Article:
March, 2018

US blocks sale of IC maker Xcerra to Chinese investors

Original article: Reuters

The U.S. has blocked the $580 million sale of semiconductor firm Xcerra to a state-backed Chinese investment fund, citing national-security concerns. Hubei Xinyan, the Chinese firm, makes testing equipment for semiconductors but not does manufacture the chips themselves. In a statement, Xcerra chief executive Dave Tacelli said that the company is "disappointed" the deal wasn't approved, but "is discussing alternatives [with Xcerra] to pursue opportunities in new and existing markets in China." 


Chinese investors are struggling to acquire prime U.S. technology assets. Under President Donald Trump, the U.S.'s Committee on Foreign Investment in the United States (CFIUS) has tightened scrutiny of Chinese M&A activity, especially in the tech sector. Washington worries that state-backed Chinese firms will acquire sensitive technology with military applications. Hubei Xinyan is an affiliate of Sino IC Fund, a US$20 billion state-backed fund created in 2014 to boost China's semiconductor industry. Semiconductors figure prominently in military and aerospace equipment, in everything from fighter jets to satellite communications devices.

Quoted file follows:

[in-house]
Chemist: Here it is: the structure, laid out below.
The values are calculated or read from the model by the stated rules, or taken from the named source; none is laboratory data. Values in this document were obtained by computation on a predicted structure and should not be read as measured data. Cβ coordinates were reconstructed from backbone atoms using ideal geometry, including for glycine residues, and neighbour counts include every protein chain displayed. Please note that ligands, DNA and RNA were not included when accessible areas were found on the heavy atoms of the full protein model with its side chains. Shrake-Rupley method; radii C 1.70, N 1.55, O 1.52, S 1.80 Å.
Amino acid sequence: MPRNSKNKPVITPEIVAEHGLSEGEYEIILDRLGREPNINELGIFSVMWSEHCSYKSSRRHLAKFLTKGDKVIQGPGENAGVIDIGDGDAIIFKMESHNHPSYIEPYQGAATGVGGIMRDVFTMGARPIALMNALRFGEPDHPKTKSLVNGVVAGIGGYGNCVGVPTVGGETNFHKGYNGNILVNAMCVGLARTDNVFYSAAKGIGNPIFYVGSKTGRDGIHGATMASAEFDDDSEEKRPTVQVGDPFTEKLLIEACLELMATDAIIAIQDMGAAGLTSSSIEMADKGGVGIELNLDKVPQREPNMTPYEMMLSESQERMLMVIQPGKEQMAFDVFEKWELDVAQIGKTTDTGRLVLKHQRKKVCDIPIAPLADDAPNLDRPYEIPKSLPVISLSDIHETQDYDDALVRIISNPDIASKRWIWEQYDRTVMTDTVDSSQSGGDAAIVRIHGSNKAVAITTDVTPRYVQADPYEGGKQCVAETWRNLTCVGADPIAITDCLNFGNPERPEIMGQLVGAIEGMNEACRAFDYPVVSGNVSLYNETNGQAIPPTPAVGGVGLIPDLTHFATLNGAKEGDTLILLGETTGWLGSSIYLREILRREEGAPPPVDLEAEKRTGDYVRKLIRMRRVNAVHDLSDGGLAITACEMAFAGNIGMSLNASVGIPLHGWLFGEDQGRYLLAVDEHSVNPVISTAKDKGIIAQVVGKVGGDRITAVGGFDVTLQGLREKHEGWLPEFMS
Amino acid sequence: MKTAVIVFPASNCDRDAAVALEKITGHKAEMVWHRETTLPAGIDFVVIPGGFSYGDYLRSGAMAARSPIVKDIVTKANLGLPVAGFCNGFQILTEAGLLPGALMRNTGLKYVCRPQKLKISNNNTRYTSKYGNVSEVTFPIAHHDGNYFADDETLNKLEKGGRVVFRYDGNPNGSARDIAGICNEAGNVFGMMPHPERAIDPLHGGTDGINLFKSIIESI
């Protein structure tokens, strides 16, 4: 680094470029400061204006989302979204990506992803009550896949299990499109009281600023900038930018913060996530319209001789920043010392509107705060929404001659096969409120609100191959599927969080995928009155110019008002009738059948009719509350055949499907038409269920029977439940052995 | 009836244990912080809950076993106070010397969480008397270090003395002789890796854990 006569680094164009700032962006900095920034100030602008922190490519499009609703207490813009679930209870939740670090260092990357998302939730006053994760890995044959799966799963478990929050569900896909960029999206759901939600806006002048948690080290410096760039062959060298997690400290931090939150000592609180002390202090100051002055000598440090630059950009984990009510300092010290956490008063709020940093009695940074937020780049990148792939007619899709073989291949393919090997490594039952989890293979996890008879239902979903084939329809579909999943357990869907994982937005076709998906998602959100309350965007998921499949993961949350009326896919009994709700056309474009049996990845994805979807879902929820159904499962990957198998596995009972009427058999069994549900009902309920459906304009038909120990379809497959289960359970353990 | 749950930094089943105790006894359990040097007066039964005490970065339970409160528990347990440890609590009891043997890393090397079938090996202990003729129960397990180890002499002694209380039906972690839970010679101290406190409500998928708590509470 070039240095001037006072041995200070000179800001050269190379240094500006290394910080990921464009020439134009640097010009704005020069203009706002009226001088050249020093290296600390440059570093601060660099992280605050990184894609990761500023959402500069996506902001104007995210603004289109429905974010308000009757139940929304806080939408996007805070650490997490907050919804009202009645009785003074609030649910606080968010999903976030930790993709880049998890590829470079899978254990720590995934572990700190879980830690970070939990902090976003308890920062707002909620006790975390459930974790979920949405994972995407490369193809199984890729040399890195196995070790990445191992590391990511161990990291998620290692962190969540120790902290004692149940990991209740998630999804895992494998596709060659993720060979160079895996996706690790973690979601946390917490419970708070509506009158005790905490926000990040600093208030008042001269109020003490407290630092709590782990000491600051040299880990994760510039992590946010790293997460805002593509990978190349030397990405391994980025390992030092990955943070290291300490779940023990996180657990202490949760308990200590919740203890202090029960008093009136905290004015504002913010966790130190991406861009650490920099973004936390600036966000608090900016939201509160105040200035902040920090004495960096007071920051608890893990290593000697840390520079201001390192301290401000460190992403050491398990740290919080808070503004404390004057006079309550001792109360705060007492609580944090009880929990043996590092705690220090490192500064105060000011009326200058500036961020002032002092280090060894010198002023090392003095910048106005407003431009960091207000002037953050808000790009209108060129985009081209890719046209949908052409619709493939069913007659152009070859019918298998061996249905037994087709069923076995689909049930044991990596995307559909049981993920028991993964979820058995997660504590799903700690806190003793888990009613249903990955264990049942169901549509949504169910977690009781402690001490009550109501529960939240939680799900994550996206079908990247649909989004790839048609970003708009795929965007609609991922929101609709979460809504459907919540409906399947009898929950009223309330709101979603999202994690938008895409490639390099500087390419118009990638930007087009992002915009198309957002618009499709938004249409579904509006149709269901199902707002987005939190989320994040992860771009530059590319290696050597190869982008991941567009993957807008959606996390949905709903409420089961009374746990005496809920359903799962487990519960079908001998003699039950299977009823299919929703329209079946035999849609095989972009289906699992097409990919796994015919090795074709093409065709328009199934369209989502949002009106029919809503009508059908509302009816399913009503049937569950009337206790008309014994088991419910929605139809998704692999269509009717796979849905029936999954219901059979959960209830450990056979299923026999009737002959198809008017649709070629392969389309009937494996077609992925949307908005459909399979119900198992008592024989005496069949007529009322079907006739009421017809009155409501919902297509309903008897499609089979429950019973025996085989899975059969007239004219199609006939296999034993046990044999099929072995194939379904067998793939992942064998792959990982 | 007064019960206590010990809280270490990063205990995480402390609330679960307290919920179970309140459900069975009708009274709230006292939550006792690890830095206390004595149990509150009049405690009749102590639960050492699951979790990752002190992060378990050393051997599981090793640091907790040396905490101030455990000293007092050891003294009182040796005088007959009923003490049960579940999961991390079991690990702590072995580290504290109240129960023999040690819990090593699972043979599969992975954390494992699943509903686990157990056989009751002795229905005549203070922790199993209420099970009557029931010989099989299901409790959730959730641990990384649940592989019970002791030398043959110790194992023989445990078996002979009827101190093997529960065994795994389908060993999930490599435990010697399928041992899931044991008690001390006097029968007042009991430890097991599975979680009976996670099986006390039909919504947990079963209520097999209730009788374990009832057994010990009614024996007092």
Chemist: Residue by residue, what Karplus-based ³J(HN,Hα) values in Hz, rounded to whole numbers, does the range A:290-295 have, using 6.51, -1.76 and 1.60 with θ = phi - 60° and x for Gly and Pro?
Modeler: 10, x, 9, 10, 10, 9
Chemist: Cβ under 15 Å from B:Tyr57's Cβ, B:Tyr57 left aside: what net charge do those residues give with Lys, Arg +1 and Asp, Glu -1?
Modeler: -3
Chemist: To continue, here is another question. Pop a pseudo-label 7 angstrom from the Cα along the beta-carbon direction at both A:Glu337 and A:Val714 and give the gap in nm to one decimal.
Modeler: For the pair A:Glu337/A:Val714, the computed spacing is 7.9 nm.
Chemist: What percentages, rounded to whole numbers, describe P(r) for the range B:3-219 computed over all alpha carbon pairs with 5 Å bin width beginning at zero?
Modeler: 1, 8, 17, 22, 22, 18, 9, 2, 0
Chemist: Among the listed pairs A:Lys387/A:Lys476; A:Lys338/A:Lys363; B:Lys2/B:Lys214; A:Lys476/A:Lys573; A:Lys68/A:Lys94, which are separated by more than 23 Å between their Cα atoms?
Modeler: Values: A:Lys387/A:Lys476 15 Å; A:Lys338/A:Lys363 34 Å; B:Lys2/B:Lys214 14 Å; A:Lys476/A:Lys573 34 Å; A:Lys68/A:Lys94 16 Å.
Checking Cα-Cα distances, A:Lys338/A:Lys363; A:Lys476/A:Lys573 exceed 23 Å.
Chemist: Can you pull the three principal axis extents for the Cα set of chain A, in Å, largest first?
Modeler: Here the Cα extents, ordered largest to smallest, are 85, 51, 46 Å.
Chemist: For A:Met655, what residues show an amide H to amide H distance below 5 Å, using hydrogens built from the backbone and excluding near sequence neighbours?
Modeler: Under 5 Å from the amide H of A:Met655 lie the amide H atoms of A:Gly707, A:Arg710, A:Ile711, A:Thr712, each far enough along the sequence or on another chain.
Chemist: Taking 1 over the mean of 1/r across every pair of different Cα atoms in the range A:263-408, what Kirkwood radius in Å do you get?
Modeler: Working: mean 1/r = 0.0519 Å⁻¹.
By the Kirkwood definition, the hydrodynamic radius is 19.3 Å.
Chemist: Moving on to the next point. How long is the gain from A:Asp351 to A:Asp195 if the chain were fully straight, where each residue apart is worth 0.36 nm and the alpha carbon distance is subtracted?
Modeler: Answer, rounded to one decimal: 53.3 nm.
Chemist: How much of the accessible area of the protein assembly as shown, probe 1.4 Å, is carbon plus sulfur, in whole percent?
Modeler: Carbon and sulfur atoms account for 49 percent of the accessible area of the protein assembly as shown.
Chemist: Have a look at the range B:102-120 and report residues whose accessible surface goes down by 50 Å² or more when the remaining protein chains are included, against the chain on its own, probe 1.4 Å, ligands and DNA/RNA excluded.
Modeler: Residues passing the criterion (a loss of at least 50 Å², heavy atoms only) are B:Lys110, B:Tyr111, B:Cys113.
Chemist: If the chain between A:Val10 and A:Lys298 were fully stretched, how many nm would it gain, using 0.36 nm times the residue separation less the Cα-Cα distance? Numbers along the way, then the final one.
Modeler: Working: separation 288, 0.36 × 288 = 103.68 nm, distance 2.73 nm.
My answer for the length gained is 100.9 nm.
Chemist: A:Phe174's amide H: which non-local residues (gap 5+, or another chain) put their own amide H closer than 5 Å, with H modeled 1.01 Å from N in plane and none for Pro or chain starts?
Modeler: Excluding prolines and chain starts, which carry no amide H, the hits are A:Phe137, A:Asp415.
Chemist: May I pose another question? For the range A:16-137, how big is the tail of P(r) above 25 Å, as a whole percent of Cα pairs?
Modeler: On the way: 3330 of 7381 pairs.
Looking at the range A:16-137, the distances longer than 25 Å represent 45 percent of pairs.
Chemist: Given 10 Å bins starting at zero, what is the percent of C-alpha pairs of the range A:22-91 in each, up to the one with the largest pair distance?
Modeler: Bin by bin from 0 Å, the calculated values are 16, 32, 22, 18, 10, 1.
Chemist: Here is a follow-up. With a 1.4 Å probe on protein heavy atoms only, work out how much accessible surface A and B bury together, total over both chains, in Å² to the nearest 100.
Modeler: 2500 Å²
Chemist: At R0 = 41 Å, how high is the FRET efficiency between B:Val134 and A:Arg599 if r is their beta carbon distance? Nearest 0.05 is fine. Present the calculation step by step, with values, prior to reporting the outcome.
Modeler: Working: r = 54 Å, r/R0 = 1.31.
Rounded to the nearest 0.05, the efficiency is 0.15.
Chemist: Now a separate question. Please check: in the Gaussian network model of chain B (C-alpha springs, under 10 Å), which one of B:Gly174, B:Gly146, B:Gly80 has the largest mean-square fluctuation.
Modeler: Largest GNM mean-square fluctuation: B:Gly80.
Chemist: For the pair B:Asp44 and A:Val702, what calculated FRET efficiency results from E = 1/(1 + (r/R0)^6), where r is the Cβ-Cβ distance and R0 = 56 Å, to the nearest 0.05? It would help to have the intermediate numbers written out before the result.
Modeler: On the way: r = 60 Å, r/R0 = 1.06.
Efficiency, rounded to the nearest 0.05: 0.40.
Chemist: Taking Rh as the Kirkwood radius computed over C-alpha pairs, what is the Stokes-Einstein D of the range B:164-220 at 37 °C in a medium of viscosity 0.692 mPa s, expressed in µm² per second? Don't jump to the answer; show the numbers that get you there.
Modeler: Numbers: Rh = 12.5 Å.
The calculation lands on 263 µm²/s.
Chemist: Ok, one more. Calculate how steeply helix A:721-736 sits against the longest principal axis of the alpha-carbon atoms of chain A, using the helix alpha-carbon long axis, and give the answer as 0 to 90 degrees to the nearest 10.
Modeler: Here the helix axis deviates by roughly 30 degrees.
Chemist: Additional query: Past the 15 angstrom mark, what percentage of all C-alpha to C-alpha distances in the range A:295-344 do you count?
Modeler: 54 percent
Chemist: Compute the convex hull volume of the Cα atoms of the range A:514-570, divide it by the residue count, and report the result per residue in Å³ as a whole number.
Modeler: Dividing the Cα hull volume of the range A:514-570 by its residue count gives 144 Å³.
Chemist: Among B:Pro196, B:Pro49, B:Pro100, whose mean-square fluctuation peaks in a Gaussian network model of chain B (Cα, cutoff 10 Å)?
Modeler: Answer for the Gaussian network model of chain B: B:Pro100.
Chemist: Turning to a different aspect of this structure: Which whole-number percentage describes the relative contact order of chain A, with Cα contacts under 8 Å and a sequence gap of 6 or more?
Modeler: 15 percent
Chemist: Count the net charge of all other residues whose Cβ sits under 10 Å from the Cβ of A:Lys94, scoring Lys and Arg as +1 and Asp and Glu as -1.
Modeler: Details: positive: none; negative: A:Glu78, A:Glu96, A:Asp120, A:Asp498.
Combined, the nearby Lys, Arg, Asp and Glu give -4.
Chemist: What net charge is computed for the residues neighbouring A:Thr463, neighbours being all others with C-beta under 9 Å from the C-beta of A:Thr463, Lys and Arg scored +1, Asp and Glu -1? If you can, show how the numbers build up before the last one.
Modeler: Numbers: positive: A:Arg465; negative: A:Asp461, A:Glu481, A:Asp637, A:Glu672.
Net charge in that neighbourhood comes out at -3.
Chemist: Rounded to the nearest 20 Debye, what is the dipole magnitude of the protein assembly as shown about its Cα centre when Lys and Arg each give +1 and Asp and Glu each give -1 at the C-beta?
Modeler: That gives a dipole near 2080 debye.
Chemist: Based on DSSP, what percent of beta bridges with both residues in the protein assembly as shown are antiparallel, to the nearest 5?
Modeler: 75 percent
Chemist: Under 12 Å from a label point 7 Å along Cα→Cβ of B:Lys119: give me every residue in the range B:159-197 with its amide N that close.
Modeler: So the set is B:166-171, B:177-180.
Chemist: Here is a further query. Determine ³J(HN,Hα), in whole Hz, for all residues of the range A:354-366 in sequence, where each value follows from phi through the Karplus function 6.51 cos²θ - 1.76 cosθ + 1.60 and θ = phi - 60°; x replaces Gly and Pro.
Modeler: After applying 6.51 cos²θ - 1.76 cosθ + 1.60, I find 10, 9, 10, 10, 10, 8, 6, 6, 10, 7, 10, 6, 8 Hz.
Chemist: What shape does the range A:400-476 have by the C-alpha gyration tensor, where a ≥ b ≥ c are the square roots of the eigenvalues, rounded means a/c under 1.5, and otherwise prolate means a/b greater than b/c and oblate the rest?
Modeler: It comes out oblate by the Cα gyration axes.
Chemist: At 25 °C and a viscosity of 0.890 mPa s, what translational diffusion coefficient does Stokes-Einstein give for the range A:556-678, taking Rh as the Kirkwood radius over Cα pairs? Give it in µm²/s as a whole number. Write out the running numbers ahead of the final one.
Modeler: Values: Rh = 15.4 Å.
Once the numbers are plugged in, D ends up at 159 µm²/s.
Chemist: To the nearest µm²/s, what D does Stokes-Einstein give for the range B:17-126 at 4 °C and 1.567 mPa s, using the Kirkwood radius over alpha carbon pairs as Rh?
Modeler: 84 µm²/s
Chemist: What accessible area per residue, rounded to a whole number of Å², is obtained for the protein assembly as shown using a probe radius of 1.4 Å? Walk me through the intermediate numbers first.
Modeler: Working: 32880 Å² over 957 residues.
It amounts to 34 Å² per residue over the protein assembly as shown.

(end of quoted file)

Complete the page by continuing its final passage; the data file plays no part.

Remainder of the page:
Under the Made in China 2025 blueprint, Beijing aims to become an advanced manufacturing powerhouse. Integral to that plan is self-sufficiency in semiconductor production. China imports about US$200 billion in semiconductors annually, according to Asia Times. 

In a February report, Reuters said that CFIUS prevented the deal because Xcerra equipment is used by chip manufacturers who serve the U.S. government and military. 

Xiao Yong, a Hong Kong-based lawyer, told The Financial Times that this case is "surprising," as it is the first time CFIUS has blocked the acquisition of an upstream equipment maker. Xiao said that the jettisoning of the deal would deter future Chinese acquisition efforts. 

To be sure, Washington now considers China as a serious competitor in the technology sector. Consequently, CFIUS will view Chinese acquisition of U.S. technology firms warily. At the same time, there is reciprocity involved in Washington's calculations. Beijing wouldn't likely approve acquisition of prime Chinese technology assets by American firms.  

Meanwhile, China has other options to boost its semiconductor prowess. In a March report, Asia Times said that a state-backed Chinese IC maker - China Industry Investment Company - and the government are discussing the creation of a second fund vehicle to invest in domestic chipmakers. The fund hopes to raise RMB 150-200 billion, the report said. Investment would focus on processor design and manufacturing as well as chip testing and packaging.